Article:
Cruise ships can be unabashed sun-worshippers. As summer wanes in one part of the world these floating resorts are off chasing the sun elsewhere.

April is a big month on the international cruise calendar as ships in the southern hemisphere sail back across the equator for the northern summer. Six months later they will be doing the reverse.

Some ships sail north (via Asia), to Middle Eastern ports, others cruise on to the Mediterranean, or to Florida in the United States. Trans-Pacific cruises from Australia usually sail (via Tahiti and Hawaii’s idyllic islands) to Seattle (USA) or Vancouver (Canada) for round-trips to Alaska’s celebrated Inside Passage where wildlife and stunning landscapes abound.

Cruise ships also reposition from the Caribbean to Europe and from Mexico and Central America (via the Panama Canal) to Florida.

These voyages are known as repositioning cruises, with lazy ocean days that evoke a bygone era when great distances could only be crossed by sea. Usually these one-way sailings have one-off itineraries with new ports to explore and onboard activities galore. As australiancruisingnews found there is also the additional cost of a one-way airfare home after the cruise, though many elect to travel on by land after disembarkation.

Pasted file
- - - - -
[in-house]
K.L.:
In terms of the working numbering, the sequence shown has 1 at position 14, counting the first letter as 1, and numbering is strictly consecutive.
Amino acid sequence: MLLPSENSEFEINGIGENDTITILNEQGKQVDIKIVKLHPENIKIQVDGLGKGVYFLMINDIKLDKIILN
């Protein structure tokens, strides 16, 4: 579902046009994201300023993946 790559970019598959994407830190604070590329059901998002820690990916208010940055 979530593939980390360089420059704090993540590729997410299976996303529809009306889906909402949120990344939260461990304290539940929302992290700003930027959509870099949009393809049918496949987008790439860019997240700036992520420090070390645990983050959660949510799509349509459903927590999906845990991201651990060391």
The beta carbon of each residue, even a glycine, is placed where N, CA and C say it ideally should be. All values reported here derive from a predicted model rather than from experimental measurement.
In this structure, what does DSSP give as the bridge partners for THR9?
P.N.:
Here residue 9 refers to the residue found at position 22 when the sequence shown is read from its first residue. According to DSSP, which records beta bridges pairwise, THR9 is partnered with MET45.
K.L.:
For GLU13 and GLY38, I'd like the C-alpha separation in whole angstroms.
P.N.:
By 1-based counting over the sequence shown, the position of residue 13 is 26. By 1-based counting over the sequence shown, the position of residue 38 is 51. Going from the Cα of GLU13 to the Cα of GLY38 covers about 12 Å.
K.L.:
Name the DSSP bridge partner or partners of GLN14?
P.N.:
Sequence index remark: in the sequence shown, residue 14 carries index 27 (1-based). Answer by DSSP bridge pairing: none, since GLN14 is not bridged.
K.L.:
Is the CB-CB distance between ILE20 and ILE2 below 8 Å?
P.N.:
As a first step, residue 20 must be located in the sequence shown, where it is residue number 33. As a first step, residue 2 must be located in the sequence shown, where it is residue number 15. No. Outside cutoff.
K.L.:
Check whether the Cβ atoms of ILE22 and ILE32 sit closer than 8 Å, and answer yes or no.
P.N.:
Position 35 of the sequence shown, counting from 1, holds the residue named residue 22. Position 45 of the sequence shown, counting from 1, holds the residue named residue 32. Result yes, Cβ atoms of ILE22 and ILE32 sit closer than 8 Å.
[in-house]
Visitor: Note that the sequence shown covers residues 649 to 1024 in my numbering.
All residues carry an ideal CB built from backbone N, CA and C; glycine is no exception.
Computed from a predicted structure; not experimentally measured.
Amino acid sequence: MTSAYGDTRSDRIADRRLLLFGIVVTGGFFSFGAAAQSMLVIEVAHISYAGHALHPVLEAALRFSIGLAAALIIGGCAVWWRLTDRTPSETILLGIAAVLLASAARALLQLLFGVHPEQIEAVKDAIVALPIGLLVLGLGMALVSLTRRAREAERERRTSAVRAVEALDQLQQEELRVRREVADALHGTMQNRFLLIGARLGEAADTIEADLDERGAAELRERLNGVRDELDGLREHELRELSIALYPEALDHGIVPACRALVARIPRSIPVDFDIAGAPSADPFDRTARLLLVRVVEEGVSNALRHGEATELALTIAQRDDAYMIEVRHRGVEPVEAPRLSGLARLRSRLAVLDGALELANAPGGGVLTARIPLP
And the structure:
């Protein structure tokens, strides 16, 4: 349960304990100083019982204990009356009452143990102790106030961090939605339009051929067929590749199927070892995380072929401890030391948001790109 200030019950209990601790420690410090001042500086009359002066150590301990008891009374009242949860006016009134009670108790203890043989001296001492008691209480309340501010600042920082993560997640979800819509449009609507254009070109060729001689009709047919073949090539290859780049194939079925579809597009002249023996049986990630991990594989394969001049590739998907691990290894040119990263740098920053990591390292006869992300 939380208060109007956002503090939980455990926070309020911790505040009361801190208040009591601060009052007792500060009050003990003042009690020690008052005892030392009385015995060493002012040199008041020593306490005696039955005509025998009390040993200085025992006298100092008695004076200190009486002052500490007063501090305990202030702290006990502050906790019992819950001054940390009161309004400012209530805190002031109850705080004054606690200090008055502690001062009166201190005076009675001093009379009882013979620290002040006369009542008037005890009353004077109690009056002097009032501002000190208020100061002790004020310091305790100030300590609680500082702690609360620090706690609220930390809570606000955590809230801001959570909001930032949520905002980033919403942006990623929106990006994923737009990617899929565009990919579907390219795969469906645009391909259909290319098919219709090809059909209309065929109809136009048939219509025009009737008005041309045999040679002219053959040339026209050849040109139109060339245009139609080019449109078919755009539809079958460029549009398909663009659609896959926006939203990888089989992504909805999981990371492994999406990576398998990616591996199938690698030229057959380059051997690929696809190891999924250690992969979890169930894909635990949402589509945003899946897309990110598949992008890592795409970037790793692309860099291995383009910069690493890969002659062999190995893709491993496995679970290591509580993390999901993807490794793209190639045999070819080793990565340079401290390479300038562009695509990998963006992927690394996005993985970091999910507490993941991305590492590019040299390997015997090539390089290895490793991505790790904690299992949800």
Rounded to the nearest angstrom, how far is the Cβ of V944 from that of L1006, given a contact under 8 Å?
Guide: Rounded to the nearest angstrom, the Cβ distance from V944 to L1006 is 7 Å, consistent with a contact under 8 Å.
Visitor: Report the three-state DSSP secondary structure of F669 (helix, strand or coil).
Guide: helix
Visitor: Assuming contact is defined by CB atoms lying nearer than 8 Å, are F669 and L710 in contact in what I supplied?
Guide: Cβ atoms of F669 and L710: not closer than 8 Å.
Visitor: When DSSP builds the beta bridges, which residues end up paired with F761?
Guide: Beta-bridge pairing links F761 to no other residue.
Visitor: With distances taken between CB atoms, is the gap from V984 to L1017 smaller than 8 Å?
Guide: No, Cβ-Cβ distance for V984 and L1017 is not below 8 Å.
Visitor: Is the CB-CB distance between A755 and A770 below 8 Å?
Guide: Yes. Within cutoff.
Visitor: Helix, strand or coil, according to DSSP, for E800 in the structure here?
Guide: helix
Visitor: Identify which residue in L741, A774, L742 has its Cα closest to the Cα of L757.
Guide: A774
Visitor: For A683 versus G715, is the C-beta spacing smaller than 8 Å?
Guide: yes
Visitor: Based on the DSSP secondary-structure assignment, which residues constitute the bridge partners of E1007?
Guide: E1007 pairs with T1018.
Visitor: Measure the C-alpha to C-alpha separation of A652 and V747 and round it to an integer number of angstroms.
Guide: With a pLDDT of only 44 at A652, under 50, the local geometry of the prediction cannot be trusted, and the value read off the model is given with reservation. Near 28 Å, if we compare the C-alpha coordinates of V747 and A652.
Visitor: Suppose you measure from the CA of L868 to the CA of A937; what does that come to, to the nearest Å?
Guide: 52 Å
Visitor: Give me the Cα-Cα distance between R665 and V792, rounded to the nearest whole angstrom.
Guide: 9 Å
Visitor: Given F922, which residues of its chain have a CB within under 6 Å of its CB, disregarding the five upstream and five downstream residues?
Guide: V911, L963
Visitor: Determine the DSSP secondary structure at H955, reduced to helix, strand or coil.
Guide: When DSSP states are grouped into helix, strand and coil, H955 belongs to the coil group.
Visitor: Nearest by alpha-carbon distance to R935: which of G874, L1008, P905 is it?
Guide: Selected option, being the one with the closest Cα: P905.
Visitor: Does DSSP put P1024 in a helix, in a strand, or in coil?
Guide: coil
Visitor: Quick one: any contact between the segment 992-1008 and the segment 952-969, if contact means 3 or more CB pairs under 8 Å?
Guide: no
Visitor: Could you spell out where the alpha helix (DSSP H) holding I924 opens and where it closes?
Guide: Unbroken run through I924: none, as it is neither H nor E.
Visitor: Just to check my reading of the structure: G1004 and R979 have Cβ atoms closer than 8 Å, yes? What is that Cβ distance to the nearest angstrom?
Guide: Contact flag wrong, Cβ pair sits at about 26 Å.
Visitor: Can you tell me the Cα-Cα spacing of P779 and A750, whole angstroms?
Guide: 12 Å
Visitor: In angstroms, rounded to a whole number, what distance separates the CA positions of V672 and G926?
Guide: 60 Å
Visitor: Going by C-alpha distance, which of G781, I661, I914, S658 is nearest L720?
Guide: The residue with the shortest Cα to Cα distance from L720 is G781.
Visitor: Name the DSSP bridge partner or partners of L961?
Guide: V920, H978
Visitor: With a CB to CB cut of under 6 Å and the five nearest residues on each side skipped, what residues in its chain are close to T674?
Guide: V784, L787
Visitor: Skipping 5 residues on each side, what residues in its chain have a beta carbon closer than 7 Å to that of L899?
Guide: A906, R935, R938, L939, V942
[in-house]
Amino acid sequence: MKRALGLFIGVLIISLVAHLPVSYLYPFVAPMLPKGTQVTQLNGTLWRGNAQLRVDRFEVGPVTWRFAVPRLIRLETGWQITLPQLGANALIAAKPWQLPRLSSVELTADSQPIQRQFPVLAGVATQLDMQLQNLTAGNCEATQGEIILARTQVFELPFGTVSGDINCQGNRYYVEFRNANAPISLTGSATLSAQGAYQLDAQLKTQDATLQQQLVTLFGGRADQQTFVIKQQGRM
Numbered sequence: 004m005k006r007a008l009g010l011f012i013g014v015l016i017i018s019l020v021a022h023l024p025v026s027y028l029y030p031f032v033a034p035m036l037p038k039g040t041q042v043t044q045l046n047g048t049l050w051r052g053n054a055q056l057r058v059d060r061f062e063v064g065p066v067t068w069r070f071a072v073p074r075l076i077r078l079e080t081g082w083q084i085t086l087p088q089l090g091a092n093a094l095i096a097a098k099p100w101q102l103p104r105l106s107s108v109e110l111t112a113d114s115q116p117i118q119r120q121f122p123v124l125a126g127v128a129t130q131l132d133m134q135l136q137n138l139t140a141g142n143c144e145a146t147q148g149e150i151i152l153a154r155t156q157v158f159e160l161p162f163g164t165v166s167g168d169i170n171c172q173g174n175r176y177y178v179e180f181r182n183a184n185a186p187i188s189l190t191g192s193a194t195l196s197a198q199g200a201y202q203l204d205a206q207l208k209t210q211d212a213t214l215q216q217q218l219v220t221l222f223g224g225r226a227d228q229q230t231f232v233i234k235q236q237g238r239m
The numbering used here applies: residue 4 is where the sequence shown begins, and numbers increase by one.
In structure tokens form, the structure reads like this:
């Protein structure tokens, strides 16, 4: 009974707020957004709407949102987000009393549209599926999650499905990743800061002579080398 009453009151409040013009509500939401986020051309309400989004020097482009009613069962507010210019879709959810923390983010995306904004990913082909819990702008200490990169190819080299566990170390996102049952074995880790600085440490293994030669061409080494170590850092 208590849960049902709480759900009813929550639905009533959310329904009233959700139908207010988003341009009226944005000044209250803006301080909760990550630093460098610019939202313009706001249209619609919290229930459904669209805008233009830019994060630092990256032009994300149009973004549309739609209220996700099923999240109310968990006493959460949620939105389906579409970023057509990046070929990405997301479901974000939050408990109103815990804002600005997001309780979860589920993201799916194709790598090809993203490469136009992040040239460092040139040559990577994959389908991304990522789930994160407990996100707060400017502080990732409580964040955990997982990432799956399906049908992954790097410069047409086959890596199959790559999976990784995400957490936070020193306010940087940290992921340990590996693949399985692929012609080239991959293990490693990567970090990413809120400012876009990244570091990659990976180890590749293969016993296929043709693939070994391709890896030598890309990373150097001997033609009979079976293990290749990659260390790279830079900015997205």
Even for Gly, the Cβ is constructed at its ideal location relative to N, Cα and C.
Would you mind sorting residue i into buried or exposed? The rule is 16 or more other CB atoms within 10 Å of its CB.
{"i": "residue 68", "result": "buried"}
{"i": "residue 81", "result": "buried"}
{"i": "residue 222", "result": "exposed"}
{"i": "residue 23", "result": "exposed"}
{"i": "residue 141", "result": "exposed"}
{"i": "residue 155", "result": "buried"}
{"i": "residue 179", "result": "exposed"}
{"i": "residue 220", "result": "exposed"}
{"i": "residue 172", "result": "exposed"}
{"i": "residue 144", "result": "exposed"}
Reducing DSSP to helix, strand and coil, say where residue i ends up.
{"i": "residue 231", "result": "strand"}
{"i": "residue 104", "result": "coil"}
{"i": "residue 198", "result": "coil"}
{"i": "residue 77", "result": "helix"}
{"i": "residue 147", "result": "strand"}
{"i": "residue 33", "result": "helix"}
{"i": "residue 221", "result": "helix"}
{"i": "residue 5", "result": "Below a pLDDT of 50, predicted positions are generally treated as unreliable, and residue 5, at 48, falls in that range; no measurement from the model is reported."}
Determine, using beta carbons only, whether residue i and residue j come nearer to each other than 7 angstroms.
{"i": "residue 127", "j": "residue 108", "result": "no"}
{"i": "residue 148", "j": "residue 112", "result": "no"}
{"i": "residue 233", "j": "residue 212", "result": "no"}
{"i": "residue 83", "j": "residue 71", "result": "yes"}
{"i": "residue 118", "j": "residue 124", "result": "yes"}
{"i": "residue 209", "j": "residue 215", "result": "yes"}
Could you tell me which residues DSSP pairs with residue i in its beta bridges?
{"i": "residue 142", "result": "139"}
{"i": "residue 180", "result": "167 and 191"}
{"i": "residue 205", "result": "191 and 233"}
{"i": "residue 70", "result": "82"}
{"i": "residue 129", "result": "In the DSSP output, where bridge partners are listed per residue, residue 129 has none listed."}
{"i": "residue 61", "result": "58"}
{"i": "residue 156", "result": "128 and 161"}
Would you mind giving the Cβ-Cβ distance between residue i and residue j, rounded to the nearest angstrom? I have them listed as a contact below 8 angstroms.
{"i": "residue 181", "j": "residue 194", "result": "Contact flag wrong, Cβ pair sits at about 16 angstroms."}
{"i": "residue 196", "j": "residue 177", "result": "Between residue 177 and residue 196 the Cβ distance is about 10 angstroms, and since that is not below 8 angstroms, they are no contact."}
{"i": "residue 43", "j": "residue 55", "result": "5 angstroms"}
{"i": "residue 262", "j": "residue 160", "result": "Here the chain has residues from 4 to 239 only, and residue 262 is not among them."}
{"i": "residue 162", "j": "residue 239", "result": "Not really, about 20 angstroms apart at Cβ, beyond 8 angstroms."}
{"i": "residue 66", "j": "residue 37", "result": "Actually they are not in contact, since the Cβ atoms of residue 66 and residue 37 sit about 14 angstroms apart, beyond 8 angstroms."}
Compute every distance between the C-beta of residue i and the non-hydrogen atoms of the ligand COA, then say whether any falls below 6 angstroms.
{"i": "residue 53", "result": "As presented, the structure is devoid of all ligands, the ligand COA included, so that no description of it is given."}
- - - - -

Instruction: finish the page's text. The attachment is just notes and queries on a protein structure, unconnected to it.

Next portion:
Cruise news log: Some ships including P&O Cruises’ fleet – Pacific Dawn, Pacific Pearl and Pacific Jewel – stay in Australasian waters year-round with wide-ranging cruise itineraries that include South Pacific islands. Smaller ships such as the luxury expedition ships Orion and True North, favour the breathtaking beauty of Western Australia’s Kimberley coastline.

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